The idea absolutely works in jest — that’s the only way it works. To not laugh at this idea because it isn’t practical is like not fantasizing about (insert beautiful woman of your choice here) because she is out of your league.
This might be the first year that the Orioles don’t have a guy on this list. Last year, for instance, we were completely spoiled for choice – Danys Baez, Jamie Walker, Ramon Hernandez, Melvin Mora, Jay Gibbons’s shadow… I guess this time around it would probably be Ty Wigginton (who has, I think, 1 year / $3 mil left) just by default.
I always that MLB should have a Chumpionship during these ridiculous off-days. The worst four teams in MLB should square off in a bracket and play 3-game series. It wouldn’t necessarily be great baseball, but it would be a lot of fun to watch and would help break up the tedium of game, rest, game, rest, rest, game that the playoffs have become.
Love the game show format idea. Have it hosted by Gedde Watanabe. It’d be a ratings bonanza.
I imagine it playing out something like this:
Kuni: Ahhh, Carlos Lee. Mmmmm, very tasty. Okay, Dayton, listen carefully. You can hold on to your Carlos Lee or you can go for what’s in the box that Hiro-San is bringing down the aisle right now!!! What’s it gonna be?
Dayton Moore: I’ll take the box. The box! [the audience applauds]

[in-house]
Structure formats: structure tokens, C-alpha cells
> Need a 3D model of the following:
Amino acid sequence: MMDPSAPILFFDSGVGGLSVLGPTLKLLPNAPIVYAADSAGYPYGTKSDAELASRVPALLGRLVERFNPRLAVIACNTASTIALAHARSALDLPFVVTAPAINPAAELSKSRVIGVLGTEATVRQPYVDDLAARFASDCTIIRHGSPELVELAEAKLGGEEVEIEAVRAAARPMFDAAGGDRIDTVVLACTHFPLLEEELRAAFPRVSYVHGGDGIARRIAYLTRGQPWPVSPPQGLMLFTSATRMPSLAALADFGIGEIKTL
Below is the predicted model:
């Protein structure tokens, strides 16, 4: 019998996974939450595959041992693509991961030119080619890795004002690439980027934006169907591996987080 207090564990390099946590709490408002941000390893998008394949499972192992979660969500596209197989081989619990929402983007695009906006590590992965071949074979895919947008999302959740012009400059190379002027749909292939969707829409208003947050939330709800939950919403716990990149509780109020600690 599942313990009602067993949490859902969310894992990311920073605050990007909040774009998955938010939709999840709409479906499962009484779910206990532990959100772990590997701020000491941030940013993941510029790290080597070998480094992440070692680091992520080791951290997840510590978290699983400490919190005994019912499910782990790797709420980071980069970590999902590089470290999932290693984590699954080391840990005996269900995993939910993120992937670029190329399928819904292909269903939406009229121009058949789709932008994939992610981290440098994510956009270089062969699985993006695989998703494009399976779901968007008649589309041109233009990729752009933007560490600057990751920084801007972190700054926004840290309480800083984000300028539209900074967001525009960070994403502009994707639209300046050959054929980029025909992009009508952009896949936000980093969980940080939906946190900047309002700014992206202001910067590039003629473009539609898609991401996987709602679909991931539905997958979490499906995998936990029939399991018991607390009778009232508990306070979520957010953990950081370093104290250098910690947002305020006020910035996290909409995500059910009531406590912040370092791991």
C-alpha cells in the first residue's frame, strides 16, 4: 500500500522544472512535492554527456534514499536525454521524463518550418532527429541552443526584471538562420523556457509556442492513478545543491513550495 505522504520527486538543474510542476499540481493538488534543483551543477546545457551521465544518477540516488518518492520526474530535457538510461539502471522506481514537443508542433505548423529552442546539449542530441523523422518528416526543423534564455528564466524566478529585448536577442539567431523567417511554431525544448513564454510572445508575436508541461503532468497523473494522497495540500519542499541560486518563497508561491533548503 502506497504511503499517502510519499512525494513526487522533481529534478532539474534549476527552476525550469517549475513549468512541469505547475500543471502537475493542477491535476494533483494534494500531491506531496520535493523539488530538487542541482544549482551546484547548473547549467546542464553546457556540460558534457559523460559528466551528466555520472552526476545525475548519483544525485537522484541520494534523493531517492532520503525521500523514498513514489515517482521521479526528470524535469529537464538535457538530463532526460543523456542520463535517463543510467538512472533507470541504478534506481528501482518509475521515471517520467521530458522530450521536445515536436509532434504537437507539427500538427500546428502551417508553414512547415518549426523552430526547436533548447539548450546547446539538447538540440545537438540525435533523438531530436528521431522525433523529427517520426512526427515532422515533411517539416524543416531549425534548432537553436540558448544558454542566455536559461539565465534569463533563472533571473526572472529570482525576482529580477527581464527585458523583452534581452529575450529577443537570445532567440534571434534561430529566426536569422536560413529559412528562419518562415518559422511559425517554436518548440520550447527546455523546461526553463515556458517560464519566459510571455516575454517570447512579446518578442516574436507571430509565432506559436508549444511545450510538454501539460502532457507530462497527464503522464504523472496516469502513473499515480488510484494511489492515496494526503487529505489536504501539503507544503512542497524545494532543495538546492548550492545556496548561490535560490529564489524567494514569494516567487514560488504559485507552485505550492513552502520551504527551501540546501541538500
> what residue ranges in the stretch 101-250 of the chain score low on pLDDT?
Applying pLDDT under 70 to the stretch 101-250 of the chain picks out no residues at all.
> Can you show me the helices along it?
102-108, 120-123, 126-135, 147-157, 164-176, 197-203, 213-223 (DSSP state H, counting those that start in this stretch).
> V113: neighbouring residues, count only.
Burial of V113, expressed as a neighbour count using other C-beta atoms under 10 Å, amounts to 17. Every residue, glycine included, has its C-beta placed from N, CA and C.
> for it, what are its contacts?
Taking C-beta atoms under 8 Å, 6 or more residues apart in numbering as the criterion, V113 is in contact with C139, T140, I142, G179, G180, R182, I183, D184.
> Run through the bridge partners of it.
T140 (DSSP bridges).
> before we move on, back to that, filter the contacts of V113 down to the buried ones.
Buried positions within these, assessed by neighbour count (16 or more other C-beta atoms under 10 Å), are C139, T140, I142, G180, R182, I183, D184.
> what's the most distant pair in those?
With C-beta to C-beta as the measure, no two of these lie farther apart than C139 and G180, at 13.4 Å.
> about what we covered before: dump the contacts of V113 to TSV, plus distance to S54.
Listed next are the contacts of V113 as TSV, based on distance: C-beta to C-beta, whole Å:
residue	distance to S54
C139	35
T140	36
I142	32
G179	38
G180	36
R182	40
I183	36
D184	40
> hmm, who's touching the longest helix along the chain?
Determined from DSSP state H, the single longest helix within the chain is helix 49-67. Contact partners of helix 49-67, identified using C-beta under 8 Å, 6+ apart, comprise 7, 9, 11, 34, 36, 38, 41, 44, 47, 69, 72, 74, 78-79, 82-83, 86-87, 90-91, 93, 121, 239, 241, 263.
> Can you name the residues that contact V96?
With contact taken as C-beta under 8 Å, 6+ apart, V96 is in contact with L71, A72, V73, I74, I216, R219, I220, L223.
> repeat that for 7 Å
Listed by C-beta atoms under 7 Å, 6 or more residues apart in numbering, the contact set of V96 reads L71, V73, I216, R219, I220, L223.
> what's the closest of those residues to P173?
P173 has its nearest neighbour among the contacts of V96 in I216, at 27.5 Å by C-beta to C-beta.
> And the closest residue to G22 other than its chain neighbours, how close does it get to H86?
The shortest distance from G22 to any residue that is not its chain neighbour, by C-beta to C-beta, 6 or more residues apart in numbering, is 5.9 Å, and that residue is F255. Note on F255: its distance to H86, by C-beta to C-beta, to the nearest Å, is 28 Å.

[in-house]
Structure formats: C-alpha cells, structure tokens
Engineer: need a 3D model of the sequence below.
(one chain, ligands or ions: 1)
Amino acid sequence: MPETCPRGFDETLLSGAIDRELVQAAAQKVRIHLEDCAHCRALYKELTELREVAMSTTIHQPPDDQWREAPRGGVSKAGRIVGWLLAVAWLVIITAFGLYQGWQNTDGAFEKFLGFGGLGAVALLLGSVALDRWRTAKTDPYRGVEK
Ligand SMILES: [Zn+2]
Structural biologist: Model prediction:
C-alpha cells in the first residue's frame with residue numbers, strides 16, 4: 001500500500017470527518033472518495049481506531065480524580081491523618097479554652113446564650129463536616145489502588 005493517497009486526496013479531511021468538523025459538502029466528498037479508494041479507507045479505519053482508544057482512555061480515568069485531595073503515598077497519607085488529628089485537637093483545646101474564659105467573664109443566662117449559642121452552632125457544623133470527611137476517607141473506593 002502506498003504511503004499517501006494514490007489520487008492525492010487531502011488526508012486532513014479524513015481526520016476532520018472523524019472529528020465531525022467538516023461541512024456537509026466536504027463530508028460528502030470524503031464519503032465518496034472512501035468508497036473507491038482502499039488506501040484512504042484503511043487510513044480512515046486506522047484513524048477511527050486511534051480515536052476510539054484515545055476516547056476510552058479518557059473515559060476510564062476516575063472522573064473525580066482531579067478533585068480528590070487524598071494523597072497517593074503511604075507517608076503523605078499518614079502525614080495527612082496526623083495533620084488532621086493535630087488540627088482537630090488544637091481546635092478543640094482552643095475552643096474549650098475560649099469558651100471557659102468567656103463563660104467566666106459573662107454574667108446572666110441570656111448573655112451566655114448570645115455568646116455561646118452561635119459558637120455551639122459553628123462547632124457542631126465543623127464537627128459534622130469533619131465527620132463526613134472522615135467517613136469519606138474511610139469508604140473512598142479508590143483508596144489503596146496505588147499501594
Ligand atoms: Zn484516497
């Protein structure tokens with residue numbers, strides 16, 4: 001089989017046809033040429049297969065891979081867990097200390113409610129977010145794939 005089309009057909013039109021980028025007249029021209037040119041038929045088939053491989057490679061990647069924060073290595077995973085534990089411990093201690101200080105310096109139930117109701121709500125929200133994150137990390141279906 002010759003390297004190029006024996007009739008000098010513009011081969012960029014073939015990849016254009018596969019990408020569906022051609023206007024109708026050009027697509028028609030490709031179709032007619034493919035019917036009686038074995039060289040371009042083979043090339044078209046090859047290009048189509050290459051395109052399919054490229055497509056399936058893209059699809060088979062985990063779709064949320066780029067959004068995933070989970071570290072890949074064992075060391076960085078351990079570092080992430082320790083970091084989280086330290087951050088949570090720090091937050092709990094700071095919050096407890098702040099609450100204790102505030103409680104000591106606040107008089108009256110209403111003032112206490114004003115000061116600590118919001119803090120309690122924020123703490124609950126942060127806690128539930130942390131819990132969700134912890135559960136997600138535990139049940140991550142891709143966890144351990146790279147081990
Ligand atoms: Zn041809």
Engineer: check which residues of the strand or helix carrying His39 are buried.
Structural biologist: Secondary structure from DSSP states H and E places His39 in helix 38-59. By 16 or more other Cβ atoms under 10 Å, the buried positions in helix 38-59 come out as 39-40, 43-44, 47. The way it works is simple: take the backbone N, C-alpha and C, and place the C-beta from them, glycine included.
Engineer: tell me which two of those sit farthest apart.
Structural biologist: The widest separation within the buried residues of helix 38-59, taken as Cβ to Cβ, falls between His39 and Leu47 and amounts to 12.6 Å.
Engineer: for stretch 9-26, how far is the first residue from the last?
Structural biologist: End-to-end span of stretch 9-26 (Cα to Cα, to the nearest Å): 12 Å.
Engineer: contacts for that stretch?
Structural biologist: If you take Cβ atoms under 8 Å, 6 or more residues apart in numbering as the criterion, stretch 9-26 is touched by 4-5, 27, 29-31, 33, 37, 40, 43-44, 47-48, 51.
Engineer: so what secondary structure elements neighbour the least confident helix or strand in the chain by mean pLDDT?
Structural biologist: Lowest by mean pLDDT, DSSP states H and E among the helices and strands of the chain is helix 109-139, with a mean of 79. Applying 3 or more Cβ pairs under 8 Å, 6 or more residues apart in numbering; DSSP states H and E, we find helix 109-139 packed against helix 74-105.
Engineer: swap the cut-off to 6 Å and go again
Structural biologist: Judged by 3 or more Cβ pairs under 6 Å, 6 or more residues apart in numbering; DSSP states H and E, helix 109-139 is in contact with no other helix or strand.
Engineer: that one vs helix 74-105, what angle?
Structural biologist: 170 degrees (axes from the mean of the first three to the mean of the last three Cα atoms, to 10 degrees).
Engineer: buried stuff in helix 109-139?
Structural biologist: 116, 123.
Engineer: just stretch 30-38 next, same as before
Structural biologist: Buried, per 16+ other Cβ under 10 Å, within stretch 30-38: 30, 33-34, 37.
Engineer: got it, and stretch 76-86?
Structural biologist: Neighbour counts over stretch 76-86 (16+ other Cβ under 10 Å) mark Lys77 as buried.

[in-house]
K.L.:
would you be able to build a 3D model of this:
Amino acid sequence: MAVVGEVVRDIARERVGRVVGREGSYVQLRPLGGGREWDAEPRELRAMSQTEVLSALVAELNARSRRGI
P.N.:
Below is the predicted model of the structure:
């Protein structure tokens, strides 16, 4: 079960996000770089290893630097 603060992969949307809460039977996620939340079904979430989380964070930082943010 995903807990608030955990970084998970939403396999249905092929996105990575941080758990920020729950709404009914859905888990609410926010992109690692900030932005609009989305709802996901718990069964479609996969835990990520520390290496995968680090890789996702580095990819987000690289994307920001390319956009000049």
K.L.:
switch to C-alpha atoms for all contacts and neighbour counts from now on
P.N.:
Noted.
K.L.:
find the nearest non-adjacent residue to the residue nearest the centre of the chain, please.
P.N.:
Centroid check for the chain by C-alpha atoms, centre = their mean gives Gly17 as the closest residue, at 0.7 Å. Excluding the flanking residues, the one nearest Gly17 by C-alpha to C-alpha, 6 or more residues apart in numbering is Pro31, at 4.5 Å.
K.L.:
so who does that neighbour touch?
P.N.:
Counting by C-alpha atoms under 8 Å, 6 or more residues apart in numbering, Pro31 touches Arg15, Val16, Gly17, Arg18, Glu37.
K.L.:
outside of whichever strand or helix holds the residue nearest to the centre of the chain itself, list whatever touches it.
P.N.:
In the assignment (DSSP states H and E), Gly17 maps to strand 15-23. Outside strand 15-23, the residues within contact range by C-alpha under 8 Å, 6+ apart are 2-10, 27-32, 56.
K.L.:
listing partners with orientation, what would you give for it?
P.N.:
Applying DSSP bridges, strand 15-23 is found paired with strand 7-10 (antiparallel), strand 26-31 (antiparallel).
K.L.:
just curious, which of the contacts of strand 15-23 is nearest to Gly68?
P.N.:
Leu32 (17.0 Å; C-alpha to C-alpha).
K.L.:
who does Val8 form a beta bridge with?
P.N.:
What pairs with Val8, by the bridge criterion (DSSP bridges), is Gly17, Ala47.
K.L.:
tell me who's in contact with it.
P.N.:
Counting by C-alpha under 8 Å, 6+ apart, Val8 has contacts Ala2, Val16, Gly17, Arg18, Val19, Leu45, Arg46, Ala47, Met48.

Kuni: You took the box! Let’s see what’s in the box! Soriano! Alfonso Soriano! STUPID! You so STU-PIIIIIIIIIIID!
Having Sabean be the Giant’s bad contract would triple the ratings. Does Sabean try to deal himself away from the Rays after he’s been picked and saddle the Giants with Vernon Well’s contract as well? The possibilities for suicide in SF are endless.
I love it. It’s a damn shame it’d never work for a lot of reasons, but it’s a really fun thing to toy around with.
And my beloved Twins would just pray they got something they could afford in return for, well, probably Cuddyer. Who, again, hasn’t been particularly bad contract-wise. (Though by all accounts, he’s a disaster of a right fielder. :( )
Do a ping-pong ball style lottery (like the NBA draft) to determine draft order. I would be totally mesmerized watching the ping-pong balls with “Reds” and “Mariners” pop around in the cainster to see who comes rolling out.